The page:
By: Eric Van Dril | March 3, 2017
Simeon junior Jayshon Jackson ended his recruitment earlier this week when he committed to Toledo.
There were two primary reasons that Jackson picked the Rockets, he said.
The first was his relationship with Toledo’s coaching staff. Jackson started to communicate with the Rockets’ coaches after he was offered a scholarship by Toledo this past summer. They ended up talking daily. Jackson liked the Rockets’ coaches, he said, as well as the school’s facilities.
The second major reason Jackson committed to Toledo was its offensive scheme.
“They run a spread offense, and they pass (a ton),” Jackson said. “I like that.”
Toledo finished 9-4 overall and 6-2 in the MAC last season. The Rockets threw for a total of 4,196 yards in those 13 games, which was the ninth most in the country. They averaged 322.8 passing yards-per-game — an enticing statistic for a player like Jackson, who projects to be a slot wide receiver in college.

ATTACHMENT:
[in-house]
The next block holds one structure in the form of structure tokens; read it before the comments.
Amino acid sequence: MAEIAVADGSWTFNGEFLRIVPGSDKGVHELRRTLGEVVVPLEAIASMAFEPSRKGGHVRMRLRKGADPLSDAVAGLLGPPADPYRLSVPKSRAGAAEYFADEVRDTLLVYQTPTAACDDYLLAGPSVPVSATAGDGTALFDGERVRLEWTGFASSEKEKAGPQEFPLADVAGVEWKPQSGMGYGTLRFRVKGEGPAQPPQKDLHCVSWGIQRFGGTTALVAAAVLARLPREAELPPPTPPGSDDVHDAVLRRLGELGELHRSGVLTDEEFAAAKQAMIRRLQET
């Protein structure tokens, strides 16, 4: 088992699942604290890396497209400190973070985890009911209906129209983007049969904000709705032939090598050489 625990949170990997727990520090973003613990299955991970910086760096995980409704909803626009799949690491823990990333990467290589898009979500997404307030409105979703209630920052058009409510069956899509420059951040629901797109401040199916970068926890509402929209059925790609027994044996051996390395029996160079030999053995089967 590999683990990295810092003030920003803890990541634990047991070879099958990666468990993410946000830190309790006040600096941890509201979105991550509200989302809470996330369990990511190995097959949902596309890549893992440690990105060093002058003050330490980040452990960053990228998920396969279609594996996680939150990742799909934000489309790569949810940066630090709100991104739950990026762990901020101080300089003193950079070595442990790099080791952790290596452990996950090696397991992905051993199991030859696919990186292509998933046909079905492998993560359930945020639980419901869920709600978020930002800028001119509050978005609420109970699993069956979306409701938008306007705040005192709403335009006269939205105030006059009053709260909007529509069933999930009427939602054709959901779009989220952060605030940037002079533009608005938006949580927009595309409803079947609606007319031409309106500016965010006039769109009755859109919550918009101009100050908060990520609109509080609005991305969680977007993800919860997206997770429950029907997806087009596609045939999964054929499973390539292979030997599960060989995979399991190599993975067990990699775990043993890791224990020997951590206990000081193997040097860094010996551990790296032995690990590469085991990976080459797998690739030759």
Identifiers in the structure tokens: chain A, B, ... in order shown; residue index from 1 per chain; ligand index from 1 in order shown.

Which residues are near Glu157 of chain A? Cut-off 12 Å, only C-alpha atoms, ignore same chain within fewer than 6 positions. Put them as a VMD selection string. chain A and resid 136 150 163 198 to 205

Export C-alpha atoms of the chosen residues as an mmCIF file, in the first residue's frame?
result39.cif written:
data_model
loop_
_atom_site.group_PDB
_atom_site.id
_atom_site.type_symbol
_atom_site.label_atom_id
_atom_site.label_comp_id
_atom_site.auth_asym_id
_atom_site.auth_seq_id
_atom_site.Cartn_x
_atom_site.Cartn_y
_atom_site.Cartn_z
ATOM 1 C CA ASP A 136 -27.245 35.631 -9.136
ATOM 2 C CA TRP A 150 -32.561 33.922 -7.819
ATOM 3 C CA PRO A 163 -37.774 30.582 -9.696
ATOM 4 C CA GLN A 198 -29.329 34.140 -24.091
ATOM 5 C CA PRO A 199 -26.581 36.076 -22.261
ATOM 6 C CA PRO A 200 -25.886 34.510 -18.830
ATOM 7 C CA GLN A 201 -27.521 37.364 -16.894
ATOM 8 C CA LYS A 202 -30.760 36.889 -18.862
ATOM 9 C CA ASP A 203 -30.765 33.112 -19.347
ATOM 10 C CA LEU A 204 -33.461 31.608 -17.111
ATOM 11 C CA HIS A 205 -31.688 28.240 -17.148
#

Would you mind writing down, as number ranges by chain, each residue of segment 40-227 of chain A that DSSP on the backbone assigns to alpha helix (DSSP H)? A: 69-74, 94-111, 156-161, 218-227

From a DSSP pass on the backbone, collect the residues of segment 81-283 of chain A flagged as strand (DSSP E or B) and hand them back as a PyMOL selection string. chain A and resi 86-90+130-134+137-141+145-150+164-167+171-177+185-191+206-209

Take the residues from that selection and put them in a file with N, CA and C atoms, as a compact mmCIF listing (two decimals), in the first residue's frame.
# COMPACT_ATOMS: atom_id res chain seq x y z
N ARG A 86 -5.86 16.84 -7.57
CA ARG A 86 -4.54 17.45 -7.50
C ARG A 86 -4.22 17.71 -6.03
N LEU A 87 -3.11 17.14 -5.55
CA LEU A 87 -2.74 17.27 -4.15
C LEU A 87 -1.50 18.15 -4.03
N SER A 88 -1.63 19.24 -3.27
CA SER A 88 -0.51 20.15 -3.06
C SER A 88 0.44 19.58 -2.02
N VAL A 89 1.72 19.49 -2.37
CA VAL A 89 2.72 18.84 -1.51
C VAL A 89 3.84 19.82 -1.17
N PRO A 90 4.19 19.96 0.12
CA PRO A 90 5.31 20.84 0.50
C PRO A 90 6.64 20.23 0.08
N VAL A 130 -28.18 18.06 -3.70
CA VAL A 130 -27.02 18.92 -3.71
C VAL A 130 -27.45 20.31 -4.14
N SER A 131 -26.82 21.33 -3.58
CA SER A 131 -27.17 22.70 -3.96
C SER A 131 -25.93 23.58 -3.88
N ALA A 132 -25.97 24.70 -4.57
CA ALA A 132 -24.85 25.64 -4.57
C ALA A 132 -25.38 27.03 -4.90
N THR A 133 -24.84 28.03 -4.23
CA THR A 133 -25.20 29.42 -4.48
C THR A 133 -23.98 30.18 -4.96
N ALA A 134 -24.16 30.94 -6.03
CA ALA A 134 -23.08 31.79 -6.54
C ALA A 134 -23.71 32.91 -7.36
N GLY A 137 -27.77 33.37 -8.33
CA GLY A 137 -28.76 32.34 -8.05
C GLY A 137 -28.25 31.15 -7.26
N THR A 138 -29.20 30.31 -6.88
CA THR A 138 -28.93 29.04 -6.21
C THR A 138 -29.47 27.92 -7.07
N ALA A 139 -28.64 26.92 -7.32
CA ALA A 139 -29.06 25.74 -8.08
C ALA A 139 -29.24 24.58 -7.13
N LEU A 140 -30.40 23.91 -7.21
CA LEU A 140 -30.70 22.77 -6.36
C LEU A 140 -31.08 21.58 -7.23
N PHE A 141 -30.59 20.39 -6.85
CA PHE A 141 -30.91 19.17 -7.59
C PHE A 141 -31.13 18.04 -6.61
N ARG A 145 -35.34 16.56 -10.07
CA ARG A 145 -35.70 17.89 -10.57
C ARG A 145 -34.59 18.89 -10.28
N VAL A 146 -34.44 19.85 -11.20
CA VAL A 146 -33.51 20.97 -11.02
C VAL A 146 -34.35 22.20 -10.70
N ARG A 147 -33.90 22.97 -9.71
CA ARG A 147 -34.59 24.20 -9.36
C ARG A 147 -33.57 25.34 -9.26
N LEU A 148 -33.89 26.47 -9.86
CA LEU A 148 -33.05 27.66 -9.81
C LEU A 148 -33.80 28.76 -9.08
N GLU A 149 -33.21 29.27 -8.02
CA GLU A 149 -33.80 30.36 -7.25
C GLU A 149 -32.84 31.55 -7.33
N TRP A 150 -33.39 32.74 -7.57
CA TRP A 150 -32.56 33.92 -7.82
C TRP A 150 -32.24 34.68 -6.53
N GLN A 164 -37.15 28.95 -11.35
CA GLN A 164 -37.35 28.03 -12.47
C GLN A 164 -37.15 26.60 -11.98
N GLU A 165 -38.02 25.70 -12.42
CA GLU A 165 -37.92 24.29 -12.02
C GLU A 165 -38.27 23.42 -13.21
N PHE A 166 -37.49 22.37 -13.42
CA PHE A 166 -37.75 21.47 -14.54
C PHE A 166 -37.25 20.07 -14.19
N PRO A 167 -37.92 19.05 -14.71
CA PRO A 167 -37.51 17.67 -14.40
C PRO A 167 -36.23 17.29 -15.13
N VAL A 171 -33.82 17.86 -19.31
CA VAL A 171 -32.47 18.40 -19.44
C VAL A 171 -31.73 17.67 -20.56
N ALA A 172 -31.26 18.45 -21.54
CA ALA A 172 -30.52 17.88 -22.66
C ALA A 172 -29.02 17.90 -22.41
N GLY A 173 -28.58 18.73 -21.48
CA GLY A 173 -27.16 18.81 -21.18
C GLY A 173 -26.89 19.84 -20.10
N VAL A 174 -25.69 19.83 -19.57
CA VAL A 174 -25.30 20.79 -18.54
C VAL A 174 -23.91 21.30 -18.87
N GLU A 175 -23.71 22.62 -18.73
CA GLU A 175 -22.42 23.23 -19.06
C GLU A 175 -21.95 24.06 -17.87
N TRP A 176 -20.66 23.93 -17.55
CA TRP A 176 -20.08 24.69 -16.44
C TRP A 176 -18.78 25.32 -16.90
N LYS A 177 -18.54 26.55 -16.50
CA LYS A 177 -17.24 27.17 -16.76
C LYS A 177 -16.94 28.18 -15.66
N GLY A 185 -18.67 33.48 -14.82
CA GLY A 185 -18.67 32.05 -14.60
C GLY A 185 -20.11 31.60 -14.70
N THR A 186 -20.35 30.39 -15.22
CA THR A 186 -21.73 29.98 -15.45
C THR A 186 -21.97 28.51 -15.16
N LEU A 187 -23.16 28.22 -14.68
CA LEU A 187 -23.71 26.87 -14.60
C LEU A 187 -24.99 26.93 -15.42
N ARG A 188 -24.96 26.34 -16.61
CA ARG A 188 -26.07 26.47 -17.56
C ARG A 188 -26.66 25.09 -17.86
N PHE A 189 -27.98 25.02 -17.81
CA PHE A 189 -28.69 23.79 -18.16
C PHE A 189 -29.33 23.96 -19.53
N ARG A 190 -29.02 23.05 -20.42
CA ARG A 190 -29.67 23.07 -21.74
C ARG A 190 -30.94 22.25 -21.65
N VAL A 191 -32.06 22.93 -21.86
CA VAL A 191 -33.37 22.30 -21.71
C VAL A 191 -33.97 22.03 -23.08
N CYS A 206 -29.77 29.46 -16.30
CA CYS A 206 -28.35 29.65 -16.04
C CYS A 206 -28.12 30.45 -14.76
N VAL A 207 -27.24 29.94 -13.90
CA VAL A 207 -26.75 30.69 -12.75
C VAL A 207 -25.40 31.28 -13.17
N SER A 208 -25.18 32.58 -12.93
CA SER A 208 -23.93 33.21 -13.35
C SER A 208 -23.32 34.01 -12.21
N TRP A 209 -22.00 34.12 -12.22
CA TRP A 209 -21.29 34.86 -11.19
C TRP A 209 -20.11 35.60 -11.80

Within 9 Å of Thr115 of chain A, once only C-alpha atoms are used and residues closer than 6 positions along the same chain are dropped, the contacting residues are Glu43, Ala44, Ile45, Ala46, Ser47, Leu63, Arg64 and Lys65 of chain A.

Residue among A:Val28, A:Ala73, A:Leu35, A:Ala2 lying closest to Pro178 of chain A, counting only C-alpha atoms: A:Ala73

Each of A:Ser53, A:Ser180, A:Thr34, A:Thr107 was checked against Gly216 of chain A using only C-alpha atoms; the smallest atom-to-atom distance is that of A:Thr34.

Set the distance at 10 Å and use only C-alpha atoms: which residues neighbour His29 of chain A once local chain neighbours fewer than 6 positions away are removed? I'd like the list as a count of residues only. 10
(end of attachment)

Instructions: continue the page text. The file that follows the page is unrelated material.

The Rockets’ offense “fits me well because I’m not really (that) big,” Jackson said. “But I can use my speed in open spaces.”
Jackson, a first-team all-Public League selection and the star of the 2016 Prep Bowl, is especially focused on building his size and improving his foot speed right now, he said. He will continue to face top-level competition in the spring and summer as part of Midwest BOOM.
“There’s always room to get better, so that’s kind of how I approach my training,” Jackson said.
The nice thing about committing to Toledo now, Jackson added, is that he can focus more — including in school and on his development on the football field.
BOOM, an organization that has produced several top-flight 7-on-7 teams in recent years, has been especially helpful in Jackson’s improvement. He regularly plays with, and against, some of the top talent in Illinois.
“They say, ‘Iron sharpens iron,’” Jackson said, when asked about BOOM. “They make me better every time we practice.”
Committing to a Division I college is a significant accomplishment in the career of any athlete, but Jackson said he remains hungry to keep improving. He wants to make an immediate impact in his first season of college football.
Jackson’s future teammates and Toledo’s fans “can expect me to come in as a true freshman and compete for a starting spot,” Jackson said, “and hopefully make a difference (right away).”